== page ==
This is the third table I’ve built, and it will be the most complex, and the simplest, at the same time. It is designed to be “collapsible” so that I can set it up and take it down every day when Dad drives off to work and leaves me space to play in the garage. And by collapsible I mean it will sit on sawhorses. See? Simple.
The tabletop itself, though, is a whole other animal. This is the table that I will be pulling sheets on, and that is a very wet process. I did one batch of pulp last week as a dry-run-prove-my-setup-work sort of thing (and it does – almost), and the poor scrap of plywood I used as the tabletop will never be the same. It’s warped now, and has a furry layer of dried paper pulp drips on one side.
So the new tabletop has to be as close to totally waterproof as I can get it. I really wanted to avoid The Varnish Of Doom that I used on my first mould/deckle set, since it takes forever to cure and smells like death. That’s when my genius mother suggested linoleum. Brainwave! What a fantastic idea.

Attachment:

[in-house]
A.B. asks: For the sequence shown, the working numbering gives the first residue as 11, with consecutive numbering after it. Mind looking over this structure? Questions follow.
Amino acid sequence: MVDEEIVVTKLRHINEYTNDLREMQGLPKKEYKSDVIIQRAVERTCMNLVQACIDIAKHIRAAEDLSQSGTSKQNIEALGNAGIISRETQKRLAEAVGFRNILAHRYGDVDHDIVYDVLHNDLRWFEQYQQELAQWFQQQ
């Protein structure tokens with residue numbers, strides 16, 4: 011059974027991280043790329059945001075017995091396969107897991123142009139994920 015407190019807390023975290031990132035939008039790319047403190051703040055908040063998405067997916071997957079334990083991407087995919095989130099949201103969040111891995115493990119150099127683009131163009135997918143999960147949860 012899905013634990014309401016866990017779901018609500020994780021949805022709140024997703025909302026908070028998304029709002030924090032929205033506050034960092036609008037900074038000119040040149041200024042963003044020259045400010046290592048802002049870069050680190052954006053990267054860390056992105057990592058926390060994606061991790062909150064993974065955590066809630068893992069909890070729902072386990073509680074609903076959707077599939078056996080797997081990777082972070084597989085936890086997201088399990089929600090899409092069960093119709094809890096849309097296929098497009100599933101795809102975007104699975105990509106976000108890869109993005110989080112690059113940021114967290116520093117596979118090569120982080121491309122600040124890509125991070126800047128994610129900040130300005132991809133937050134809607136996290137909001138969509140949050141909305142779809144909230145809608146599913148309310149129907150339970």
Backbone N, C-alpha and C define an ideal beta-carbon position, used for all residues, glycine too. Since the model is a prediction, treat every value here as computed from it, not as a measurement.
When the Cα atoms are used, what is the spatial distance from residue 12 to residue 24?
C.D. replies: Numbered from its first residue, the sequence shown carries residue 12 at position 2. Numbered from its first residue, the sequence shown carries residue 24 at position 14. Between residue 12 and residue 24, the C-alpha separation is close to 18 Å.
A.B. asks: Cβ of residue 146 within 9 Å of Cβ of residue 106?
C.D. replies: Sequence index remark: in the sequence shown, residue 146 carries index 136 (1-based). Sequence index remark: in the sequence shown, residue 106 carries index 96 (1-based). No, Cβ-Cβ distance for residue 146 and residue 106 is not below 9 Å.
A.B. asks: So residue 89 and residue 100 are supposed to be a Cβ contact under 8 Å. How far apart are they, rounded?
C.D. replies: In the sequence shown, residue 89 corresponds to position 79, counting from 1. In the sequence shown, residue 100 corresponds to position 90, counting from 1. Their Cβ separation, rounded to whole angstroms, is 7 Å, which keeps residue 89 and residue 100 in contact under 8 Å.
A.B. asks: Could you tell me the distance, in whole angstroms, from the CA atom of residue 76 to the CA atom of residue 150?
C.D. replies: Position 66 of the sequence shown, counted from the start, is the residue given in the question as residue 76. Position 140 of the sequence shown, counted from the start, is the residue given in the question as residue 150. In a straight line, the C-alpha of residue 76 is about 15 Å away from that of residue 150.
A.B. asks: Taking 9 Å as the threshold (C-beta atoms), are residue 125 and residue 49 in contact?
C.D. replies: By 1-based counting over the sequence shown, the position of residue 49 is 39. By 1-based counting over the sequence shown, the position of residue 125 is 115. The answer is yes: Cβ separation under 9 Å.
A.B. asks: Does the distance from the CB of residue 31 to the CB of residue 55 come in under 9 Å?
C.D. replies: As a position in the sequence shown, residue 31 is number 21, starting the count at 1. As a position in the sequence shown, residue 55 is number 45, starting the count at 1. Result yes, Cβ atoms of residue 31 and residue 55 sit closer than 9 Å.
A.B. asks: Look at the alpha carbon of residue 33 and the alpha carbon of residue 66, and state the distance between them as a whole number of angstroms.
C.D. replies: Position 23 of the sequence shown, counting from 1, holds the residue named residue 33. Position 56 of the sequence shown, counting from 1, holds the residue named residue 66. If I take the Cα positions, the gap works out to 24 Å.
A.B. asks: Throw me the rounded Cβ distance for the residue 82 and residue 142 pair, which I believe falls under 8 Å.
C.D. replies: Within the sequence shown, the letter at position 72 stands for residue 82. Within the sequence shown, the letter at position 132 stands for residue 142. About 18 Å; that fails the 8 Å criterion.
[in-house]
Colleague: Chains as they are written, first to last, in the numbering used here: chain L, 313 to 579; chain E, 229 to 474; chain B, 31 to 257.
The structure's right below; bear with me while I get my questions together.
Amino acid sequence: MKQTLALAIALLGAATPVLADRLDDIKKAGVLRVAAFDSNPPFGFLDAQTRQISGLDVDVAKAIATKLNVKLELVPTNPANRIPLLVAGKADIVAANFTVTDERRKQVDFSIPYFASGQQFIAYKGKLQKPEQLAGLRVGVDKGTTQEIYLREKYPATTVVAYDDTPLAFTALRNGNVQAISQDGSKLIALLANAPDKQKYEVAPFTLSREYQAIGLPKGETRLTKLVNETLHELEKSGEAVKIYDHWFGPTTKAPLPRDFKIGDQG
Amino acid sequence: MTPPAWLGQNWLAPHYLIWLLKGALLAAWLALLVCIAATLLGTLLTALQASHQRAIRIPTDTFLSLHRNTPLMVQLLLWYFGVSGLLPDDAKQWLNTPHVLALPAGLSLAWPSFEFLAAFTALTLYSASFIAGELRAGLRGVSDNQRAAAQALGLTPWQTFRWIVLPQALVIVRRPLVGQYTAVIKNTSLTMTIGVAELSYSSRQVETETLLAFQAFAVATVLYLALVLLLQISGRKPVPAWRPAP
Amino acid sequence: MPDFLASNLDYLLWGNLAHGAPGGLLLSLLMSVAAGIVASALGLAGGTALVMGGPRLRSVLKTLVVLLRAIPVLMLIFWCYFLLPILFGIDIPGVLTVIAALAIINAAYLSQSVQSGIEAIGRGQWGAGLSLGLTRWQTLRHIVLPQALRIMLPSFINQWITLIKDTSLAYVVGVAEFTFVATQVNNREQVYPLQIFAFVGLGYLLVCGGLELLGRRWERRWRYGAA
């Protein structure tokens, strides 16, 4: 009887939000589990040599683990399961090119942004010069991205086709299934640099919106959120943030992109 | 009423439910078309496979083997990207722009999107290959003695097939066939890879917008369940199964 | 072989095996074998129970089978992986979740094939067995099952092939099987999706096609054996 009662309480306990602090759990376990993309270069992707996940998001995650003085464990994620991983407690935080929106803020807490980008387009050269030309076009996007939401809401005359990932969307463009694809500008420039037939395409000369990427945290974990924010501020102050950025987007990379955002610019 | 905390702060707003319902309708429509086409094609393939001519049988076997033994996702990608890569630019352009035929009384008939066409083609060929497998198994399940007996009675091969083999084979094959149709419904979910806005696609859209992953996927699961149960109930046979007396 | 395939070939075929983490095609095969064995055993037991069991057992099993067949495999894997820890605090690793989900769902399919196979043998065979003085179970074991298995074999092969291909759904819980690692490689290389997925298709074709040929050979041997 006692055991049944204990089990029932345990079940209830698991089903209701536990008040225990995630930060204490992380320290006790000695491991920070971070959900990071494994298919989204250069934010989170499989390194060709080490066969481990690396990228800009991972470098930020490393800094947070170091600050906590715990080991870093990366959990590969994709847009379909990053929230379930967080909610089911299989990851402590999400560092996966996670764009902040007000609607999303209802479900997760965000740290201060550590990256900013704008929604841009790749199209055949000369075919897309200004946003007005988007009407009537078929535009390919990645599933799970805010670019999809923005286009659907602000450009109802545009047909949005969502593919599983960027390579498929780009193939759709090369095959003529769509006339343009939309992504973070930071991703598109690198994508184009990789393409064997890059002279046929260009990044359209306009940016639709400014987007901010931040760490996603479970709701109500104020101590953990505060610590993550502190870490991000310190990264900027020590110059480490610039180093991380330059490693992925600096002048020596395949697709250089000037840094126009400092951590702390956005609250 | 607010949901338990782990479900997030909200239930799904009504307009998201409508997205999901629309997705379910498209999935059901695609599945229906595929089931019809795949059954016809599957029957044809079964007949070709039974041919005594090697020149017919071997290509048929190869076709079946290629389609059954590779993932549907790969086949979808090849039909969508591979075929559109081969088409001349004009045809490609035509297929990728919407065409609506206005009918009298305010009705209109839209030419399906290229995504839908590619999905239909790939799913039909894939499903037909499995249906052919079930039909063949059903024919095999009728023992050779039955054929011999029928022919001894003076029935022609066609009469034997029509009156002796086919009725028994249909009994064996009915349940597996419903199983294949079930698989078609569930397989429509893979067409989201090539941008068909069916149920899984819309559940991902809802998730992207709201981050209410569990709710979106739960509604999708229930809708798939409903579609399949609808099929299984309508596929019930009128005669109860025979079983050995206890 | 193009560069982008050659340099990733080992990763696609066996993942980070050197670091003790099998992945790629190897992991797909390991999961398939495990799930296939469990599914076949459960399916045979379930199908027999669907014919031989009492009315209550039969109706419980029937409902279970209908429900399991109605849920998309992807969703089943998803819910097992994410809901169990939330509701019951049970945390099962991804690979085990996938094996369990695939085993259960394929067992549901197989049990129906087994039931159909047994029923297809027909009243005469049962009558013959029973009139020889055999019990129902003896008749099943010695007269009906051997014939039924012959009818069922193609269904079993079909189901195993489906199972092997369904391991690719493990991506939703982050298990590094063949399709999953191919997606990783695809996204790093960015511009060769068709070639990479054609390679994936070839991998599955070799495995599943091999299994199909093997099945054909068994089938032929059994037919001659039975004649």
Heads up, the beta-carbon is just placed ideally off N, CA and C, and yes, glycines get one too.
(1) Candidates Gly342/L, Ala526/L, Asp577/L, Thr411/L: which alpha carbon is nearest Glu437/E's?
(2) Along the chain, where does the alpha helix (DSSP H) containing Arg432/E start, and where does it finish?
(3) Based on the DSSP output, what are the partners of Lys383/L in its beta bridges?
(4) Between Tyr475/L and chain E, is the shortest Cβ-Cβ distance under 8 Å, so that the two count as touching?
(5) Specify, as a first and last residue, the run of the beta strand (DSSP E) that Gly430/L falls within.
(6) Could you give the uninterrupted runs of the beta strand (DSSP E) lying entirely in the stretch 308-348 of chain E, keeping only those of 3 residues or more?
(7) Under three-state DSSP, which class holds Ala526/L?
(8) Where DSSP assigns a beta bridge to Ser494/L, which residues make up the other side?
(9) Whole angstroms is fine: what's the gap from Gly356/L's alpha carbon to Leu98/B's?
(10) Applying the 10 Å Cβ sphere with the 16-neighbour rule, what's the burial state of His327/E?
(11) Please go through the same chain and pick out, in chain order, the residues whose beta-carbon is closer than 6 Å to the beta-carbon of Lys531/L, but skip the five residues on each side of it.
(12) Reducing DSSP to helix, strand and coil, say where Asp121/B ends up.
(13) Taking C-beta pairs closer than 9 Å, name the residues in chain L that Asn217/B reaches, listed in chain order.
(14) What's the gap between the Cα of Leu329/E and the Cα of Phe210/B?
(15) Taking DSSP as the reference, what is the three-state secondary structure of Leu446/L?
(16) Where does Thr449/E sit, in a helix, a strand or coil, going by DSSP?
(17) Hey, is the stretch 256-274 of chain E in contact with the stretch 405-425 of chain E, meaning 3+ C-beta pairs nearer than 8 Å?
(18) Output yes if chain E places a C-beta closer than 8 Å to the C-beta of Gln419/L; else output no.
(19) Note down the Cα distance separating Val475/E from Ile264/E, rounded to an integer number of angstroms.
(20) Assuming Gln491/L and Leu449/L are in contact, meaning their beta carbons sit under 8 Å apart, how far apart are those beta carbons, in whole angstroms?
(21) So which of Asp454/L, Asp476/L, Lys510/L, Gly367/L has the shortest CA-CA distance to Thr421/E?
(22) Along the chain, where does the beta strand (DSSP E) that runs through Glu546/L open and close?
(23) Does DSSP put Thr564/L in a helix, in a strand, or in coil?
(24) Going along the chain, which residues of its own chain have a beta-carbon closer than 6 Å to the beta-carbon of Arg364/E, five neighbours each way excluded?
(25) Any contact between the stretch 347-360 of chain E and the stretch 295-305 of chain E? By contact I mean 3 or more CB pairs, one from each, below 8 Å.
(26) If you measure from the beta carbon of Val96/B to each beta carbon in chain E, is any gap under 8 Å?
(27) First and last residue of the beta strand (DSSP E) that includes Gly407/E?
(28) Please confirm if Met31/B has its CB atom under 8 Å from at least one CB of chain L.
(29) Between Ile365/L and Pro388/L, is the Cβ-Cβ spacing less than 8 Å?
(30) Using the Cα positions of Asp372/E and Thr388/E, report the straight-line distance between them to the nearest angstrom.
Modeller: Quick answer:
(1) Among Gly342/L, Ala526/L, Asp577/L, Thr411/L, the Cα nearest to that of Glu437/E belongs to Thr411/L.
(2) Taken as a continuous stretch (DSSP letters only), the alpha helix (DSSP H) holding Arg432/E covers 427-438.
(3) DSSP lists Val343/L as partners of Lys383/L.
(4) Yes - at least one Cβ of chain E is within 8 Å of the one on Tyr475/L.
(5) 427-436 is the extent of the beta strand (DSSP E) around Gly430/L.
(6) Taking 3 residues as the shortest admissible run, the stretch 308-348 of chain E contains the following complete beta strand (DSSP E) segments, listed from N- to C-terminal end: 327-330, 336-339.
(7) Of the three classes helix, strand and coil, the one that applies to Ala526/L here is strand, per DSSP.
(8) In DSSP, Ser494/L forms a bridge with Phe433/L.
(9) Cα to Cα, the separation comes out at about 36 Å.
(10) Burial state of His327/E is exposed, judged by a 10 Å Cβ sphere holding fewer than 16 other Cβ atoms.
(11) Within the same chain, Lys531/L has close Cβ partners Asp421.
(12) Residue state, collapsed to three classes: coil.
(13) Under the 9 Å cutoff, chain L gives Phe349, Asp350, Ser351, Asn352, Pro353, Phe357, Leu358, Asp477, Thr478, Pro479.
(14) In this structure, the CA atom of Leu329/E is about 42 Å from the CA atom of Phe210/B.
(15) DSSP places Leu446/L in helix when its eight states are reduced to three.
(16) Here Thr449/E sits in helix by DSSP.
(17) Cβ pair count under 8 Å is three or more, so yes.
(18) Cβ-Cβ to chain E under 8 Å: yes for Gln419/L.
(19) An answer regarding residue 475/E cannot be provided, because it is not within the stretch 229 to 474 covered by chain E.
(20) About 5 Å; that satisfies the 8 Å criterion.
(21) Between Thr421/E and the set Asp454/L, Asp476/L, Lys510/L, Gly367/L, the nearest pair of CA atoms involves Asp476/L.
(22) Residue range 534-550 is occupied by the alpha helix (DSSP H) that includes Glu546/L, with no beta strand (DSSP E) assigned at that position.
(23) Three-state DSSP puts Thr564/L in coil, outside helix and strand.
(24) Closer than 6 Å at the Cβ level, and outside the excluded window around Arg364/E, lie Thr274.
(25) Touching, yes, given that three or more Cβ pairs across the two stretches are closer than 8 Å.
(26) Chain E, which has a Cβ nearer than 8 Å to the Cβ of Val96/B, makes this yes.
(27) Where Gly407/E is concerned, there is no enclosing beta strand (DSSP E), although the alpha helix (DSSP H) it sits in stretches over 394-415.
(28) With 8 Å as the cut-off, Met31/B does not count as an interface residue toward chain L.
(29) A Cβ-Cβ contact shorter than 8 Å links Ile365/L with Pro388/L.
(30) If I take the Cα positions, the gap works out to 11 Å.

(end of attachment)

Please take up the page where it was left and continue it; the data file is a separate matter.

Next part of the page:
A waterproof tabletop does me no good at all if the water can just run off the sides, though. It also needs some sort of lip around the edge.
See how this is getting complicated? Just wait, there’s more!
Aside from being waterproof, I wanted this table top to be a strange shape – kind of the shape of a wingnut (does that say anything about me, in a Freudian way?). That way the vat can go in the center, and I can work on two posts of sheets at the same time. Table ergonomics – who knew!
Here is what things look like so far:
The tabletop, in all it’s odd-shaped glory
Check out the slightly OCD use of wood scraps! I think some of these are older than me.
And, after many sticky adventures in the lino glue department, I got this.
I got a remnant piece of linoleum for five bucks (sweet deal!) and pretty much winged it to get it properly glued down. I’ve laid tile before, but tiles are not three feet long and intent on curling into the glue. It was an evening filled with muttered curses, sticky fingers, and an eventual acceptance that glue smears are a fact of life.
And see those strips of wood at the top of the photo? Those are destined to be the water-catching lip. When I finally get done varnishing them, anyway.